Volunteer programs prevail over COVID-19

Campus and community organizations come together to fight effects of pandemic


Communication associate professor Kate Ksobiech begins loading a pile of donations for students quarantined in Clem Hall.

Katie Childs, Assistant Campus News Editor

The UW-W campus and Whitewater community are working all season long to ease the effect of the COVID-19 pandemic on those suffering from the virus physically or economically. Volunteer programs such as Honors Council Care Packages, Warhawks Volunteer, QuaranTeam, Warhawk Food Pantry and Whitewater Community Food Pantry are just a few of the many organizations helping in this time of need.
“2020 has been a fireball of upsets. Social, economic, medical – all sorts of unusual situations. There’s social unrest. There’s chaos in the political system, no matter what side you’re on. During this time, it’s nice for people to be able to come together instead of falling apart,” said University Honors Program director Tanya Kam.
One such example of the campus coming together is the Warhawks Volunteer Program. This program announced the start of its services Sept. 21 and has been expanding its impact ever since. Its main goal is to help both on- and off- campus students receive basic living and school resources while in quarantine or isolation.
Faculty Senate Chair Tracy Hawkins helped develop the original idea of the Warhawks Volunteer Program along with Whitewater Student Government’s director of Academic Affairs Justin Wesolek and COVID-19 intern Danielle Klais. Wesolek and Klais carried the idea from its inception to its ongoing execution. Individuals looking for assistance or to volunteer, start by filling out designated forms. Volunteer duties include grocery or snack delivery, paper printing and delivery, prescription pick up and drop off, and daily check-ins.
Another organization working to make a difference during the pandemic is QuaranTeam, a fundraiser set up by UW Foundation, Inc. that provides students quarantining or isolating in Clem Hall with care packages and hygiene products. The QuaranTeam fundraiser allows for donors to choose an amount they wish to donate, and each amount corresponds to certain items in the care packages.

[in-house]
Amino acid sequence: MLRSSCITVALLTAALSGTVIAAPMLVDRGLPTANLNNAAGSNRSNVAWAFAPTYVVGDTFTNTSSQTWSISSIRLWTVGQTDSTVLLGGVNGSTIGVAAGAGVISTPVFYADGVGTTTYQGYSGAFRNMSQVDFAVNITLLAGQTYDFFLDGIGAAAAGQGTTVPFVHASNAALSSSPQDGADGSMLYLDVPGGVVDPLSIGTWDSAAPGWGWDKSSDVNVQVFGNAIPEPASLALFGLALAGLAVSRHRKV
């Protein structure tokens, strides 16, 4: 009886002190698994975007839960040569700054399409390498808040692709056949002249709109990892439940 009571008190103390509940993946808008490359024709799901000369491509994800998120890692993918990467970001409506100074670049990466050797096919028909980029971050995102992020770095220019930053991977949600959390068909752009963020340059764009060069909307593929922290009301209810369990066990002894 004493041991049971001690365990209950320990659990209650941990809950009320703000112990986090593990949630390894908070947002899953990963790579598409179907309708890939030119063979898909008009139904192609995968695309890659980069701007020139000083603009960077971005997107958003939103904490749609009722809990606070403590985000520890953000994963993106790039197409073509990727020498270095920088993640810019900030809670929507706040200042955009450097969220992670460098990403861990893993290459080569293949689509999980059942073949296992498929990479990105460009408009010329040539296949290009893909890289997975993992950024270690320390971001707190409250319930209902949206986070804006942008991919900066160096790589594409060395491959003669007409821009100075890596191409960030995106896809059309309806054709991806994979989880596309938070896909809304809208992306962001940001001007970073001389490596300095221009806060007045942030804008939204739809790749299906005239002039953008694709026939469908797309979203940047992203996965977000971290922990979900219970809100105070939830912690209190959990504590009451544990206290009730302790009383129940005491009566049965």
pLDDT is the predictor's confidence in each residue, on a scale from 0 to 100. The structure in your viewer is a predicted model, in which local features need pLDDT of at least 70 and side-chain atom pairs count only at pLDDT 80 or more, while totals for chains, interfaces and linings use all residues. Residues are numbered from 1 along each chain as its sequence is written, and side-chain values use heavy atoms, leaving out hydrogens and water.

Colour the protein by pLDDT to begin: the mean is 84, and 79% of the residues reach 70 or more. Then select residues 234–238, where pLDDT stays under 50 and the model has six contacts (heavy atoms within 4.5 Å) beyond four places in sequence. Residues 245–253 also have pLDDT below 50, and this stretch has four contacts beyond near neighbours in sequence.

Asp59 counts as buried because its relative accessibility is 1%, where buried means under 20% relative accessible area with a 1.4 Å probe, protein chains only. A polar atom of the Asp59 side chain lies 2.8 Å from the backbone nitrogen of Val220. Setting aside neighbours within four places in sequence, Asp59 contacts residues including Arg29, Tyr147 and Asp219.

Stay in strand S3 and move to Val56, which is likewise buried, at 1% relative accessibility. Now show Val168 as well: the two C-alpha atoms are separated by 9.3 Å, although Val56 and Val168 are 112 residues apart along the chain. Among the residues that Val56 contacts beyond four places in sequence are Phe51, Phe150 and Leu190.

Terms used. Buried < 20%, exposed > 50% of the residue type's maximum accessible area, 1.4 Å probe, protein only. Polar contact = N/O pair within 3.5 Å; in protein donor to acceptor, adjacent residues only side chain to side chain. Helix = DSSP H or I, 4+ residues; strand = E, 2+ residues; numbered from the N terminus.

“During these times we’ve all dealt with some type of disclusion. I thought it was a great idea, so I decided to help them raise some money,” said donor UW-W head football coach Kevin Bullis. “The UW Foundation has always been so helpful whenever we put on fundraisers for the football program. When people help you, you always want to help back.”
Yet another volunteer project that has brought comfort to those in quarantine and isolation is the Honors Council Care Packages. Honors Council Representative Dylan Paprocki heads this project, having gotten the inspiration from his sister’s nursing school model. The project give Honors Students the chance to support other students during one of the most difficult medical, economic, and emotional times within recent history.
These care packages are stocked with both non-essential and essential items, such as EasyMac, coloring books, boredom busters, cough drops, and tissues.
Labor from students of all areas of study, advertisement on behalf of local businesses, and donations from friends and family created a mixing pot of feel-good feats resembling the care package amenities themselves.
In town, organizations like the Whitewater Community Food Pantry increased the frequency that people can visit for groceries. Individuals and families who live in the school district can now visit every three weeks for groceries and weekly for bread, milk and pizza.
The pantry is open Wednesdays and Thursdays from 8:30 a.m. – 12 p.m. at 146 W. North St.
Despite the unconventional semester and associated challenges this year, these volunteer programs and individual efforts have proven that when a community comes together, any obstacle to progression becomes that much more conquerable.
“My hope is that the volunteer programs will encourage people to realize that they can ask for help because there is an entire community to back them up,” Klais said.